Competing claims? NC Dept of Public Instruction analyzes state budget’s impact on schools

Competing claims? NC Dept of Public Instruction analyzes state budget’s impact on schools-attachment0

This chart by the N.C. Department of Public Instruction shows the per pupil spending trend since 2008, compared to the growth in the student population over the same time period.

Confused by competing political claims over public school funding in the recently approved North Carolina budget? The N.C. Department of Public Instruction prepared an analysis with the aim of clarifying the budget’s impact on schools. Here’s the report:

Analyses of 2013-15 Budget for Public Schools
NC Department of Public Instruction – August 2013

There are a lot of numbers swirling around in relation to the 2013-15 biennial budget recently approved by the NC General Assembly and signed by the Governor. It is easy to be uncertain about the impact of this budget on schools. Some of that confusion is based on people using different numbers to make comparisons.

Based on the North Carolina Department of Public Instruction’s (NCDPI) analysis, public schools received 2.9 percent less than they expected to receive based on the Continuation Budget’s existing allotment formulas and growth in the number of students and in the needs of those students. (The Continuation Budget refers to the budget that is already in place from one year to the next. It provides an essential baseline to which the legislature makes changes each session.)

North Carolina public schools are expecting more students and more students with special needs for the 2013-14 school year. In past years, school districts could expect to receive a certain amount of funding to support those students. The new budget falls short of that need.
 
NCDPI’s Calculations
Governor’s Continuation

Budget: $7,984,924,757 (district expectation)
Final Budget: $7,865,960,649 (what was funded)
Difference: $118,964,108 (a reduction of 1.5 percent)

The one-time (non-recurring) cuts made in 2012-13 to textbooks and instructional supplies were not restored to the budget in 2013-14. This took an additional $76.5 million in textbook funds and an additional $38.4 million in instructional supplies out of the public school budget.

You can see the impact here:
Governor’s Continuation
Budget: $7,984,924,757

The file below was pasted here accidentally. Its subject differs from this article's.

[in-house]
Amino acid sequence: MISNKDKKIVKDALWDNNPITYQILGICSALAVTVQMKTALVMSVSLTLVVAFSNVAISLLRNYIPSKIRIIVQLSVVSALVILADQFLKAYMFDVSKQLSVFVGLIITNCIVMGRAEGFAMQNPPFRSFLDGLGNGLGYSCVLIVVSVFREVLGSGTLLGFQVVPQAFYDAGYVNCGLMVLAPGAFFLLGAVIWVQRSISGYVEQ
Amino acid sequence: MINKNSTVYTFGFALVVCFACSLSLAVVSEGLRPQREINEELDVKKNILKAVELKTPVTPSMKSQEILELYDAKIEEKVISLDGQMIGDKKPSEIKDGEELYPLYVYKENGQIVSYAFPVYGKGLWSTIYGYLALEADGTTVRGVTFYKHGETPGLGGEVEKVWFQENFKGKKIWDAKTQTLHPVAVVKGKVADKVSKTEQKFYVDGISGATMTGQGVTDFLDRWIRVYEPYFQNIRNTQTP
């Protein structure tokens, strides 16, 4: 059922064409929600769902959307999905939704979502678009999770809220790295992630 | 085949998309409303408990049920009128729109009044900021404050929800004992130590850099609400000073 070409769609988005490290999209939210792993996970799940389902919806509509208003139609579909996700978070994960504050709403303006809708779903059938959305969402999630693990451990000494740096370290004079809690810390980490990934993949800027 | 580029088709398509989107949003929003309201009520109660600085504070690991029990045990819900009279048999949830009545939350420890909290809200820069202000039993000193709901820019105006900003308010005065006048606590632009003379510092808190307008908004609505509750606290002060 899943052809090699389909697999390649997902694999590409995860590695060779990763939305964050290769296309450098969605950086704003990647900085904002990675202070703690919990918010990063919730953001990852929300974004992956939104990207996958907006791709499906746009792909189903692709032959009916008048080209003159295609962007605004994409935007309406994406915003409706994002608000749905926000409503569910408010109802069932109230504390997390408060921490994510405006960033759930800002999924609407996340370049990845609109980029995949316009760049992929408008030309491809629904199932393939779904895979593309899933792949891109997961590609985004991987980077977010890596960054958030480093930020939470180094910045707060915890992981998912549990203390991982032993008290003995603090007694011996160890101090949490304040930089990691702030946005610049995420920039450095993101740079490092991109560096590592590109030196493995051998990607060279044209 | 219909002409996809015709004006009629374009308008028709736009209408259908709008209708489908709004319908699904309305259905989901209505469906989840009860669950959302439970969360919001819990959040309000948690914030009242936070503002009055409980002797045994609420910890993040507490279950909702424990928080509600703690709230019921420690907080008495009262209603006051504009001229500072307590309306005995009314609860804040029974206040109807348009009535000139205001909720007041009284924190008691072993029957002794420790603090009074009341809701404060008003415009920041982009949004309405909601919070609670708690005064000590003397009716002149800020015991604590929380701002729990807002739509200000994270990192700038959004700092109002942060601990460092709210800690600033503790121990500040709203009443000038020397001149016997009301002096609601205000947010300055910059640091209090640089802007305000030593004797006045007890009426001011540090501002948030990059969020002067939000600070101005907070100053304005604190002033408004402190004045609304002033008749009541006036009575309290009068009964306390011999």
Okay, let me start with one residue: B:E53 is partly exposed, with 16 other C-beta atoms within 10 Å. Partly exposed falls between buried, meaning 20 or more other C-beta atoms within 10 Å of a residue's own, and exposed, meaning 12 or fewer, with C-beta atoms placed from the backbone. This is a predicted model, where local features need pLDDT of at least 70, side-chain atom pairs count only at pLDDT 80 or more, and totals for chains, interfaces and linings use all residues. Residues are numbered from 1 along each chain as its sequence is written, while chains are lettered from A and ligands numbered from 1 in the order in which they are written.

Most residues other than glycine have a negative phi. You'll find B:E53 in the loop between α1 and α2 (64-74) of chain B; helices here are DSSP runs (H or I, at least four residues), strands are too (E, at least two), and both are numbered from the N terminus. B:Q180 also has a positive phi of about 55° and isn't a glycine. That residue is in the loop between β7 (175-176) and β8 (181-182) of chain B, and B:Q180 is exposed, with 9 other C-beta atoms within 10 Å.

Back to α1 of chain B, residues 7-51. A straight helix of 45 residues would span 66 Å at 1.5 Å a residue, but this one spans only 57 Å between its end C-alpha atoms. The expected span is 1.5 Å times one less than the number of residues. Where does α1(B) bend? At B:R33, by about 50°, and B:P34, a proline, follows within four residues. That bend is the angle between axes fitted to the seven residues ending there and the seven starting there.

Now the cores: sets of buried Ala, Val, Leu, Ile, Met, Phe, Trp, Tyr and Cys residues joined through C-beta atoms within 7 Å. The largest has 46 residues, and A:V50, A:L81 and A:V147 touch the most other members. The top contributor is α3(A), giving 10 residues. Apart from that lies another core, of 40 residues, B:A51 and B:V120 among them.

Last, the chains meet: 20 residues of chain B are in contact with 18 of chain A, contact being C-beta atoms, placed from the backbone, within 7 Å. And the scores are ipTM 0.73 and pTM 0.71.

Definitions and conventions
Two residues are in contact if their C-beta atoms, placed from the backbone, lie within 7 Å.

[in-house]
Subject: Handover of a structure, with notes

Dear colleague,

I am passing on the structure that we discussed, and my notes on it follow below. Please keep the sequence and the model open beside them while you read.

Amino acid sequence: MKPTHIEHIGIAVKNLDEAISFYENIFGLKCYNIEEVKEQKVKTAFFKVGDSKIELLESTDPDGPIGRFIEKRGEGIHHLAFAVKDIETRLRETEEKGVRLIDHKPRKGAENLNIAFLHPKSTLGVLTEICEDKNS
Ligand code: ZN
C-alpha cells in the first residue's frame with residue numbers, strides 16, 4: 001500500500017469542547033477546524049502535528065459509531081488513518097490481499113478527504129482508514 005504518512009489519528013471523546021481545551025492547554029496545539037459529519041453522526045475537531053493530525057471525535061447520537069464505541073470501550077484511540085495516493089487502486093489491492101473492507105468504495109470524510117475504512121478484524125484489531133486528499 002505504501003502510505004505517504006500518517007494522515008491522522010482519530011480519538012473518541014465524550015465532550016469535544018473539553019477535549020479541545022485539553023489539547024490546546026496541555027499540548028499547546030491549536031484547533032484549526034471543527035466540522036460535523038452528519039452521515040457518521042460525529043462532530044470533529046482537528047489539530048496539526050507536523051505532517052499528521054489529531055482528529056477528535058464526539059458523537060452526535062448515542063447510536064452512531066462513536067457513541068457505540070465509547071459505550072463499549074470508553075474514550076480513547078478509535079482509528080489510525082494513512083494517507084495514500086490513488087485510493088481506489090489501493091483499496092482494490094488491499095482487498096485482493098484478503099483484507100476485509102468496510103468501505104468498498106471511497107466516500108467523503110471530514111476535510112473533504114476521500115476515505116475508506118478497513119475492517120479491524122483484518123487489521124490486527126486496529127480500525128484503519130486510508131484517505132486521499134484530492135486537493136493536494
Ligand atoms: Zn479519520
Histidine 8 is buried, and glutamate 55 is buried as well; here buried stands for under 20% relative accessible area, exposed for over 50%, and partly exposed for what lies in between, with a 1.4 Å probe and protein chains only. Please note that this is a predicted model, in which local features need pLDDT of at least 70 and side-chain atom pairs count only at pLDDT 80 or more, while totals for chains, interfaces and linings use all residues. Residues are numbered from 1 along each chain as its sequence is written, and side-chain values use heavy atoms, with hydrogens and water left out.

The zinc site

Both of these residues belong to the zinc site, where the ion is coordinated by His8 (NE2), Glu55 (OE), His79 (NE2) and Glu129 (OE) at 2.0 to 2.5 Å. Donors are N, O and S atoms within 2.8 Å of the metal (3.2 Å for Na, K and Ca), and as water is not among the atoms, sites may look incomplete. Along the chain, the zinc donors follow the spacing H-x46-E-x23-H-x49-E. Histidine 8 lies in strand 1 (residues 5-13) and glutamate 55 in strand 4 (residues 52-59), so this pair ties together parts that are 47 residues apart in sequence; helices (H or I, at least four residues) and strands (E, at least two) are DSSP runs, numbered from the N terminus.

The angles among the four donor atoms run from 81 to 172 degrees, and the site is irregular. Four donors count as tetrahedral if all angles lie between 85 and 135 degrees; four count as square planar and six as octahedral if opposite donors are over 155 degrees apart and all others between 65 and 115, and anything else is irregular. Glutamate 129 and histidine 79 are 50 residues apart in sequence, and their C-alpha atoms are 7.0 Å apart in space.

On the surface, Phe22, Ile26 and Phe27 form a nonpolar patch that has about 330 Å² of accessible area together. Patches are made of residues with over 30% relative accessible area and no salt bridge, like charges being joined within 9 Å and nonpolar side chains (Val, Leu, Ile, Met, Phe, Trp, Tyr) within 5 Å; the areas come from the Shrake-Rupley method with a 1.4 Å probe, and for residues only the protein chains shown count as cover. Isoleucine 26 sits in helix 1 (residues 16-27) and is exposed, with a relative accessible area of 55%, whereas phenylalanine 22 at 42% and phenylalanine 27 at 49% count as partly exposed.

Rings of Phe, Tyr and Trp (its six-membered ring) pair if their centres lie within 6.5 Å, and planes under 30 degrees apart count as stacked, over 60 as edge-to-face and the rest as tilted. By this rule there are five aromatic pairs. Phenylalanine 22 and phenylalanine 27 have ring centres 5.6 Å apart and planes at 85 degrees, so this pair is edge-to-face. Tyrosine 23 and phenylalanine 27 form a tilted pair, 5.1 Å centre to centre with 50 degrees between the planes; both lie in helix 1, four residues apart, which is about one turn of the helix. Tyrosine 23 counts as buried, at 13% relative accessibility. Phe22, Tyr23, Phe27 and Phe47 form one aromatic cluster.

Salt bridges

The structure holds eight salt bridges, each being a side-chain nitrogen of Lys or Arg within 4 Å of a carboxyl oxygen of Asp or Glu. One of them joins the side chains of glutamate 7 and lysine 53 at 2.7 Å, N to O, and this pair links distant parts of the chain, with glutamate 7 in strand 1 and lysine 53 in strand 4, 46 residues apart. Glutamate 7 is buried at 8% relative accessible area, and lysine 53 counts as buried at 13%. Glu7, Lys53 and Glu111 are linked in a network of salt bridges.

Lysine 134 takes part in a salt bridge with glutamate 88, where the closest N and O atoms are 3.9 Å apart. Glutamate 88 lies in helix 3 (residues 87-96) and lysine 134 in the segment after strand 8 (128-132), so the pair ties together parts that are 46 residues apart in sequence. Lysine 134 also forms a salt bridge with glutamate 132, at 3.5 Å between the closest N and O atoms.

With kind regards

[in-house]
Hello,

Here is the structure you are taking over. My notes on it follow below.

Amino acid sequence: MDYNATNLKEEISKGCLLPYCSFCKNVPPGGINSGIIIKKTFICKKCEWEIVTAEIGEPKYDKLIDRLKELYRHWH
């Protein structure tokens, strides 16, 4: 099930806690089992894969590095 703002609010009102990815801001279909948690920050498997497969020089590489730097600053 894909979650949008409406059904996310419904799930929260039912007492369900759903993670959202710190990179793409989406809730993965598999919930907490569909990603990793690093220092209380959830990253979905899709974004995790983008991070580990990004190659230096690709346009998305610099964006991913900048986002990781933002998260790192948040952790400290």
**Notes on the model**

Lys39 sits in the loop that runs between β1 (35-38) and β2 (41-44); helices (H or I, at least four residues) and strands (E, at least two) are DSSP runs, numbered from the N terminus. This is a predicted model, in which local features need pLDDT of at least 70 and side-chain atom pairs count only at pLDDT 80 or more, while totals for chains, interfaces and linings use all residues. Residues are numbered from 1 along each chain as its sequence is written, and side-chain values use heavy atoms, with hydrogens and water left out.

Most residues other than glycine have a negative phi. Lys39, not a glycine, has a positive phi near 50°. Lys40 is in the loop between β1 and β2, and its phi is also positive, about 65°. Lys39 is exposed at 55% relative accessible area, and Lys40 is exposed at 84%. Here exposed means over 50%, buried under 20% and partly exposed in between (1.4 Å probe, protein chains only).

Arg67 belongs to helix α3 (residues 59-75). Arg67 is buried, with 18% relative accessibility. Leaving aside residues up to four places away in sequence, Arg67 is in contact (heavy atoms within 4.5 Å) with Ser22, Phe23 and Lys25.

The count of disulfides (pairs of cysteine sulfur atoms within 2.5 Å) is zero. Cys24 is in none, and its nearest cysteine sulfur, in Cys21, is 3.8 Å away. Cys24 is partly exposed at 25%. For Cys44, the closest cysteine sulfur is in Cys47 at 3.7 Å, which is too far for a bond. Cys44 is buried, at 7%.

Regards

Add back in the 2012-13
One-time cuts: $76,500,000 (Textbooks)
                        $38,417,147 (Inst. Supplies)
                        $8,099,841,904

Actual Conference Budget: $7,865,960,649
Difference: $233,881,255 (a 2.9 percent reduction)
 
What about the 4.8 percent increase in public school funding? Where does that number come from?
This percentage is from a comparison between the FY 2012-13 Budget Money Report with this year’s Budget Money Report ($7,865,960,649 vs. $7,506,553,067) — a 4.8 percent increase.  The 4.8 percent increase reflects increases in the state retirement contribution, hospitalization costs, and the 1.2 percent pay increase that was provided to teachers and public school personnel in 2012-13 but not placed in the public school fund at that time. These three things make up $259 million of the 4.8 percent “increase” in the public school fund, but these dollars are either not new to schools or represent status quo funding only, and will not go to support the additional services or personnel needed to help students learn.

The Governor’s Continuation Budget and the final budget also restored $72 million to line items that were over-expended (longevity, workers comp, unemployment, etc.). This restoration also explains part of the difference in the two Money Reports. 

Finally, the public schools’ student population grew by 17,192 students. So, without going line item by line item, the simple comparison between Money Reports from last year and this year would indicate a difference of $359,407,582, or 4.8%.

When you take that amount and back out the salary and benefit changes for FY 2012-13 ($259 million) and the coverage for over-expended line items ($72 million), you are left with $28 million to serve 17,192 more students. By the way, the actual cost to serve these new students is more than $5,400 each but the amount provided in this budget is far lower, $1,629 per student.

Comparison of 2013-15 Budget to Past Budgets
The state provides funds to public schools by using a combination of state appropriations and receipts. If you consider all state fund sources – appropriations plus receipt dollars from sales tax, fines and forfeitures and lottery funds – dollars are down while the number of students is up.

Several years ago, the General Assembly began removing General Fund appropriations and replacing them with funds from receipts from sales tax, fines and forfeitures, and lottery funds. To local school districts and charter schools, it is all just state funds. So, when the total funding including these receipt sources is considered, in 2008-09 the total funding for public schools from state sources was $8,515,669,028. In 2013-14, the total funding from state sources is $8,233,098,909. That reflects $282,570,119 fewer dollars for public schools. Since 2008-09, public schools have grown by 33,419 students.

In addition, Buncombe County Schools Superintendent Dr. Tony Baldwin recently shared his own thoughts on the N.C. budget here.

SHARE
About Jake Frankel
Jake Frankel is an award-winning writer and reporter who enjoys covering a wide range of topics, from politics and government to business, education and entertainment.

Leave a Reply